Going forward, about a third of our office-based workforce in Houston will probably not come back to the office on a regular basis. Our workforce has proven to be extremely productive working from home. Another third of our staff will likely be in the office two to three days a week. It wouldn’t necessarily be the same two to three days a week but whatever is required for collaborative meetings. The remaining third is probably going to be in the office most of the time. With this approach, we believe we can effectively halve our real estate footprint without losing any personnel.
It also means there will be more of a focus on productivity as opposed to just being present. Our office-based staff have now spent nearly a year working remotely, and we’re finding it surprisingly productive.
We’re in the process of relocating in Houston, and the layout of our new office is going to be completely different. There will be fewer offices and more collaborative, open spaces and significantly better internet connectivity for virtual interaction around the world. People will be able to come and go as they need to get the job done.
There’s going to be a significant shift in the head office environment at Parker as a result of COVID. It’s a bit of an experiment, and I’m sure there will be some corrections along the way, but it’s definitely the way we’re heading.
We’ve seen a historic downturn over the past year. Do you believe that we’ve been building toward this downturn over the past two decades with too much focus on growing production and maybe not enough focus on returns?
To a certain extent, we’ve certainly been victims of our own success. We’ve always been very good at meeting downturns with technological progress, and the shale revolution was no different. We used technology to effectively meet what we perceived to be never-ending demand growth.
Two things have changed our future demand perception. First, the realization and acceptance that climate change, an existential threat to humanity, is partly fueled by fossil fuel CO2 emissions. Second is COVID, which has shown us the effect of demand destruction and has accelerated the debate on clean energy. So, we now have too much supply. It’s no longer about ever increasing production, but rather curtailing production to bring demand/supply in balance and creating returns for capital investors.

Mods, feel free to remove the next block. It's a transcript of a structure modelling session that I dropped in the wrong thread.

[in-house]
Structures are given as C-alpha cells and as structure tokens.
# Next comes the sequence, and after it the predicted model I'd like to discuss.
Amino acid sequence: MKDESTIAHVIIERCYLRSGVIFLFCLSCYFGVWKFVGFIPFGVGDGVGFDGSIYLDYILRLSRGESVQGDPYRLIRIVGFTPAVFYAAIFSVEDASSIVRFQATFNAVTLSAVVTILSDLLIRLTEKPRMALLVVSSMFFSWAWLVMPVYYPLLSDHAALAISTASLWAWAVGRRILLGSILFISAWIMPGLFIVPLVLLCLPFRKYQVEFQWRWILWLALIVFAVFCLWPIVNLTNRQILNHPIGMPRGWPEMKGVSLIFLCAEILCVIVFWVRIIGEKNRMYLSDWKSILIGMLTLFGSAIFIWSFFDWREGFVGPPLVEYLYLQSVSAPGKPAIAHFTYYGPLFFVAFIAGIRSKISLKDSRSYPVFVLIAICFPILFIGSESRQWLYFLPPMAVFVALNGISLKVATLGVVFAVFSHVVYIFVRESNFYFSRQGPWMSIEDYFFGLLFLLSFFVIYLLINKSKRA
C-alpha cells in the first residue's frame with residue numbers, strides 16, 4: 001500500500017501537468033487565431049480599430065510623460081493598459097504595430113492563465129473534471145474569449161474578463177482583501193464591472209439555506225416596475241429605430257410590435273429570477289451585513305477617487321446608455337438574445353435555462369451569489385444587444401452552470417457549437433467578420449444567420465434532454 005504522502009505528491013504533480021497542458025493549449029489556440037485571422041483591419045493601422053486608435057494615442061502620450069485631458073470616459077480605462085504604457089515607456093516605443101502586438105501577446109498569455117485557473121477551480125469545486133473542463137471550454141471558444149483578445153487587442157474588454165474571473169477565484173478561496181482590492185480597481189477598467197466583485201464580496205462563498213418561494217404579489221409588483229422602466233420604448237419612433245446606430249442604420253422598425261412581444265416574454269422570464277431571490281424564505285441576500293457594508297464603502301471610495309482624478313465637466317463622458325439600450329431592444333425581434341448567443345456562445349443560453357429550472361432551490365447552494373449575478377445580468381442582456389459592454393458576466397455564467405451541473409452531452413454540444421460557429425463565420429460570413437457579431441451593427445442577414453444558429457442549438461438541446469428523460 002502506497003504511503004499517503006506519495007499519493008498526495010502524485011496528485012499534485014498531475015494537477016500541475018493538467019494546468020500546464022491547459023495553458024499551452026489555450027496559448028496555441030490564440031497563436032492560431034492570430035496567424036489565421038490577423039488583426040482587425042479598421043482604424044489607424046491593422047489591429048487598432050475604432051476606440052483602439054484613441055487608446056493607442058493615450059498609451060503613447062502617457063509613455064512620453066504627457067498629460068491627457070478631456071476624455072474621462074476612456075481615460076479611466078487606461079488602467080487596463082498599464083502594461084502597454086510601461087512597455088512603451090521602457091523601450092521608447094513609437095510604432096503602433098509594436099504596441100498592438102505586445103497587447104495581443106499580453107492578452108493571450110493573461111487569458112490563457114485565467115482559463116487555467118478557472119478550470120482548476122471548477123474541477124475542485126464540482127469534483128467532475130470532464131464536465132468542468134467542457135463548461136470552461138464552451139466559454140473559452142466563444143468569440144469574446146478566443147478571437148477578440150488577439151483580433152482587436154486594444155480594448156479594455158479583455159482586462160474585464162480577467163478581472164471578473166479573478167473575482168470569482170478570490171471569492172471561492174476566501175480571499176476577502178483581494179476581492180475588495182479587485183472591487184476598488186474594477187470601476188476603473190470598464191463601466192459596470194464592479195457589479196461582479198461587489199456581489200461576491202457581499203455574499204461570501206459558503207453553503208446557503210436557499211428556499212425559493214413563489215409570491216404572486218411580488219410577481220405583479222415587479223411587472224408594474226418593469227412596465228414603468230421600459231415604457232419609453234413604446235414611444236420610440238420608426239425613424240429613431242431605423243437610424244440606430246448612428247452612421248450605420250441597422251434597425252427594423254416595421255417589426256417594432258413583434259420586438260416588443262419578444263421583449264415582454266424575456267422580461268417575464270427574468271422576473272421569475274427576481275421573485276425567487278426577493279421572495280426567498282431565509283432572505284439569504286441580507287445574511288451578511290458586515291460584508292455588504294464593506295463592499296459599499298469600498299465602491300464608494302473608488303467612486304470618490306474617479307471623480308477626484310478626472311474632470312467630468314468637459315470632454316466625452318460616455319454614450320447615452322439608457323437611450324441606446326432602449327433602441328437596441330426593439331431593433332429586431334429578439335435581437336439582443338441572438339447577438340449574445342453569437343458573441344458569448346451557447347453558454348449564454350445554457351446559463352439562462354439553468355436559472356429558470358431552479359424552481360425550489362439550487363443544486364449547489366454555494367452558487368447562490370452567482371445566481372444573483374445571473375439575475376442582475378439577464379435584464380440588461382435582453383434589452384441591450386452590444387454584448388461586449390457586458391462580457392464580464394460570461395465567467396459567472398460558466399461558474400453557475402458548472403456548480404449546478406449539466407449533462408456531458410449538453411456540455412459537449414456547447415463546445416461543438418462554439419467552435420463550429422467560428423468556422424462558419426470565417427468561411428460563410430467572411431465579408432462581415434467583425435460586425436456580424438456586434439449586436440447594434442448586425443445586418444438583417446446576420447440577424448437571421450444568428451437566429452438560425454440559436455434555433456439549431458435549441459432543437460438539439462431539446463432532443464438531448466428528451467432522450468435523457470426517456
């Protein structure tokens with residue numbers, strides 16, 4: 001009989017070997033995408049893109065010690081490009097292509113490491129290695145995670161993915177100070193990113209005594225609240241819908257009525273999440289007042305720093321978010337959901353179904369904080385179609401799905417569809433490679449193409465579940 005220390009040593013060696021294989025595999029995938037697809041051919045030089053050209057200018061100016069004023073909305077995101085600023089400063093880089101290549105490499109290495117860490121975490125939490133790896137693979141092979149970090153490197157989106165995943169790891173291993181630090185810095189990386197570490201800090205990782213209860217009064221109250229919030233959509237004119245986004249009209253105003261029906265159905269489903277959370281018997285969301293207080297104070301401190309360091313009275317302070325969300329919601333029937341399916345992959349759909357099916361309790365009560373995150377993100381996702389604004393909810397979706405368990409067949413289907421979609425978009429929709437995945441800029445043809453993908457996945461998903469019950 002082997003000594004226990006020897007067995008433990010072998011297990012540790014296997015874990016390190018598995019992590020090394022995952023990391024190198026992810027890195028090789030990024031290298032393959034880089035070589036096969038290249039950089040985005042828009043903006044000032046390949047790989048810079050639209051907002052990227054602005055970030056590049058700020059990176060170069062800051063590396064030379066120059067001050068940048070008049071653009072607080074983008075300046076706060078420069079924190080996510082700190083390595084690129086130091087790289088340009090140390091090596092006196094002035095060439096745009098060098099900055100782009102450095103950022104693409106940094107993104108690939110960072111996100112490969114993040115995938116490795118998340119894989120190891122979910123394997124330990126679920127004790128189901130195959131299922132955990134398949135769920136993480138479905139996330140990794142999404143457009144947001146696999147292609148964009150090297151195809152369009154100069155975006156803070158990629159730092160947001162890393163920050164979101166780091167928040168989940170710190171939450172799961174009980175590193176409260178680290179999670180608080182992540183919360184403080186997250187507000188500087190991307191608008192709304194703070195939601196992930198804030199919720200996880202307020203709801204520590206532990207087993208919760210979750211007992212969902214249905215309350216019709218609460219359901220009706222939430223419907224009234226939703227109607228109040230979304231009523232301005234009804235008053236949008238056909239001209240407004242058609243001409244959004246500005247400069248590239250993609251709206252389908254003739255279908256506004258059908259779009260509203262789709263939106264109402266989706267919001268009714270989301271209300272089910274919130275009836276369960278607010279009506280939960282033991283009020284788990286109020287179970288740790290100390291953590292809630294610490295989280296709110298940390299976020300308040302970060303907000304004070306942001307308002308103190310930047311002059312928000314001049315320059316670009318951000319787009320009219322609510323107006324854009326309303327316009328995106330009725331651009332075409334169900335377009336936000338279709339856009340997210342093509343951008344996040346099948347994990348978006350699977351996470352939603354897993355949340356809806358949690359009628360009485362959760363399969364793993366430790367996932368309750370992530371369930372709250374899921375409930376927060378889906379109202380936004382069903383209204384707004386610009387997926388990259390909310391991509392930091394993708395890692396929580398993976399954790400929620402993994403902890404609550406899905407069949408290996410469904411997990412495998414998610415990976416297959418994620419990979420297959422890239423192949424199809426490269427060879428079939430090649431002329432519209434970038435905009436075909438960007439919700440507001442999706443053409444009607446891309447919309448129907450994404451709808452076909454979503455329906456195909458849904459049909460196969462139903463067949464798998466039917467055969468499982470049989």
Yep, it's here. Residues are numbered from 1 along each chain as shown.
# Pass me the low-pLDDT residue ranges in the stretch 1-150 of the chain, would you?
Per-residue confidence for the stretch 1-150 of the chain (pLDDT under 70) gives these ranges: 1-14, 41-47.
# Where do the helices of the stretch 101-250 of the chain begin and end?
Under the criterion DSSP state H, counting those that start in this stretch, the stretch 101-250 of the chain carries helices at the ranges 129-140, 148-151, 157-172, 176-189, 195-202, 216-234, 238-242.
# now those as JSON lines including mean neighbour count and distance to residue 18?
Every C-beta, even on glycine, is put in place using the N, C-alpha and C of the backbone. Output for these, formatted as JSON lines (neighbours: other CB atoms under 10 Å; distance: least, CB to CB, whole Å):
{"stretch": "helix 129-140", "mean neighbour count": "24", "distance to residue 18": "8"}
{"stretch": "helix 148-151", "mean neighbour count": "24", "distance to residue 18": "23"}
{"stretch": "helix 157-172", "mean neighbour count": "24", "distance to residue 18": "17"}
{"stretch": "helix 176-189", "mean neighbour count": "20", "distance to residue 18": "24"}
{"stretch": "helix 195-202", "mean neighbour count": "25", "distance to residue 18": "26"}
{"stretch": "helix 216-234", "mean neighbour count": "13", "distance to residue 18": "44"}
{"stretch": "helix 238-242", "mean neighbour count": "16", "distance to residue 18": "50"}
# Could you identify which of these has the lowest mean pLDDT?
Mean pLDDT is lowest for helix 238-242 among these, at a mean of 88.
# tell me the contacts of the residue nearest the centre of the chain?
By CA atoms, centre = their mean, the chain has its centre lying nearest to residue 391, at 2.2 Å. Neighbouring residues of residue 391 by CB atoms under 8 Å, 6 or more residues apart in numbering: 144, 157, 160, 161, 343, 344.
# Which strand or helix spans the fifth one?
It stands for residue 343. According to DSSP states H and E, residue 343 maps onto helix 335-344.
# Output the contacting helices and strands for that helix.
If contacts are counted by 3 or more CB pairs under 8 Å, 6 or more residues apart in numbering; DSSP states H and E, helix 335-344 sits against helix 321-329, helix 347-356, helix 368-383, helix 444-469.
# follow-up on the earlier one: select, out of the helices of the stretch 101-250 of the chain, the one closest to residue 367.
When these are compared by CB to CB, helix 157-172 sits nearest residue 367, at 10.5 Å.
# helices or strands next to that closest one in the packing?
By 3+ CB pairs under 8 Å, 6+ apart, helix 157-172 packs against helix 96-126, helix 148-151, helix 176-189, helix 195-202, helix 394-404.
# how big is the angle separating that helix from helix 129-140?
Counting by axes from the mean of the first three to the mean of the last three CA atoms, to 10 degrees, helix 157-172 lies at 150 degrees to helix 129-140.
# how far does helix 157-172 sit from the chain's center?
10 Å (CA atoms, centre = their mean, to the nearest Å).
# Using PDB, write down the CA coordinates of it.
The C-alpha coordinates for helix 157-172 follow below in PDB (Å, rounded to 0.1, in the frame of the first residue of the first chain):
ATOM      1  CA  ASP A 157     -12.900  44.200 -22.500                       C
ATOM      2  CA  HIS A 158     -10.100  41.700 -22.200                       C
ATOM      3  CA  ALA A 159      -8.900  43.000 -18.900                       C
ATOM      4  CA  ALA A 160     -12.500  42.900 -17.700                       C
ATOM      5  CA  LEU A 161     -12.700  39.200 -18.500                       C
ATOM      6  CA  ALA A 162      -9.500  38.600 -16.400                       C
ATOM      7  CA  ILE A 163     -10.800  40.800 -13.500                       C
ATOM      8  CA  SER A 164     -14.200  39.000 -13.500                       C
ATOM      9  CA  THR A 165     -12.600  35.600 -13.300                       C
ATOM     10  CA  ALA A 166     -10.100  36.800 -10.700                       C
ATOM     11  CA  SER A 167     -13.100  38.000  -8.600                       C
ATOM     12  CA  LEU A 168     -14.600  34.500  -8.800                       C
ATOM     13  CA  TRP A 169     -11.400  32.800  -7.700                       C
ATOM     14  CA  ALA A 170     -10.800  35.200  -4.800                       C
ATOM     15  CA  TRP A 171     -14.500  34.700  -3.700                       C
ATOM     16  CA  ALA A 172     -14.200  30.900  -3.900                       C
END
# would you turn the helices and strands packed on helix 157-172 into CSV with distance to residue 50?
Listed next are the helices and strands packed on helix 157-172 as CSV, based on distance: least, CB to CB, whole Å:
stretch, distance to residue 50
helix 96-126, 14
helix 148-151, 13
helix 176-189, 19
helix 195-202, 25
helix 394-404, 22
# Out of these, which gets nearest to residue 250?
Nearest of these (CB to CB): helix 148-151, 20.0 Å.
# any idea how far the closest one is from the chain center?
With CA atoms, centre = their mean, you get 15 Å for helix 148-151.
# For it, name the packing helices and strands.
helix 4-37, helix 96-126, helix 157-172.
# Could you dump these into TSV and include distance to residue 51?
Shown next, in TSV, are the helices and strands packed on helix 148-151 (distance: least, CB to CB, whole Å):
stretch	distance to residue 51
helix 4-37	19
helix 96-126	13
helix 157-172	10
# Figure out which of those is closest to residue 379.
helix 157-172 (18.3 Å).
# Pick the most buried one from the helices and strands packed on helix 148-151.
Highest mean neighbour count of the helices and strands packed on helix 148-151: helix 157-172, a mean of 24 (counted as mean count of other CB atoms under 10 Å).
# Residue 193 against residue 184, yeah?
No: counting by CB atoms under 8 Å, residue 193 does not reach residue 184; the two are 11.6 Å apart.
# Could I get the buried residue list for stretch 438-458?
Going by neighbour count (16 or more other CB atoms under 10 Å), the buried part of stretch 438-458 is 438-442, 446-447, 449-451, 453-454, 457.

The incremental barrel is a lot easier to produce these days. Now we’re talking about peak demand for oil, which will likely happen sometime between now and 2030. We’re entering a new phase where it’s not all about production. It’s as much about managing the supply/demand balance. As a drilling contractor, I think we’re looking at a period of adjustment. We’ll still be around 30 years from now, but the world will be a very different place. We may be drilling as many geothermal wells as we’re drilling oil and gas wells. Or we may be drilling water wells – who knows?
Regardless, the world will still need the subsurface and drilling expertise that drilling contractors have. I do believe there is a rosy future for those of us who survive this particular downturn, but it can’t be all about production anymore. If we want to get these cycles out of the business, we need to have more stability in the supply/demand equation. In my mind, that means we’re entering a phase where OPEC+ and the US will be the ones that ultimately control the oil price.
In that scenario, is there still a role for shales to play?
There will always be a role for shales to play, but I don’t think you’re ever going to see US production back where it was. The shale business will face political headwinds from a fracking perspective. It’s also not been great at making returns for investors.
Some of that will get fixed, and shale will continue to be an important part of the mix going forward, but I don’t see it booming the way it did before. My belief is the American production landscape will probably settle somewhere around 10 million barrels per day, and there will be a steady state of offshore/onshore, conventional/unconventional mix in that production.
Are there any levers that drilling contractors could pull to ensure we’re more successful than we have been in recent years?
Make no mistake, we’re a great industry, and we have grit and determination. We do things that other industries would have given up by now, but we need access to capital, which is challenging these days.
I would also argue that we need to be grabbing a bigger slice of the pie. Drilling contractors could be and should be doing more of the services around wellbore construction. Rather than just providing the rig, let’s also run the casing and get involved in the cementing. Perhaps there’s more we can do in terms of the life cycle of the well. We need to broaden the service portfolio beyond just providing the rig.
There also needs to be more consolidation and a reduction in the rig supply. We need to exercise stronger capital discipline, with a focus on liquidity. We’ve got to get our investors back and make sure they see returns in this business. We have to embrace and develop automation and digital technologies that minimize risk and optimize drilling performance. The industry has done a fantastic job in terms of year-over-year improvements in the drilling process, but there’s still more performance optimization that can be achieved. We also need to embrace ESG, find ways to reduce emissions and participate in the energy transition.
Do you see drilling contractors as a whole embracing ESG as sufficiently as we need to?
Yes, I really do. It was probably only two or three years ago when many people in our industry didn’t even know what ESG stood for, but now everybody is embracing ESG and trying to figure out the right way forward.
At Parker, when I came onboard, we set up a task force to define our own carbon footprint baseline. That’s going to help us measure how we are reducing emissions going forward so we can share actual metrics with our customers. We also plan to release our first sustainability report next year.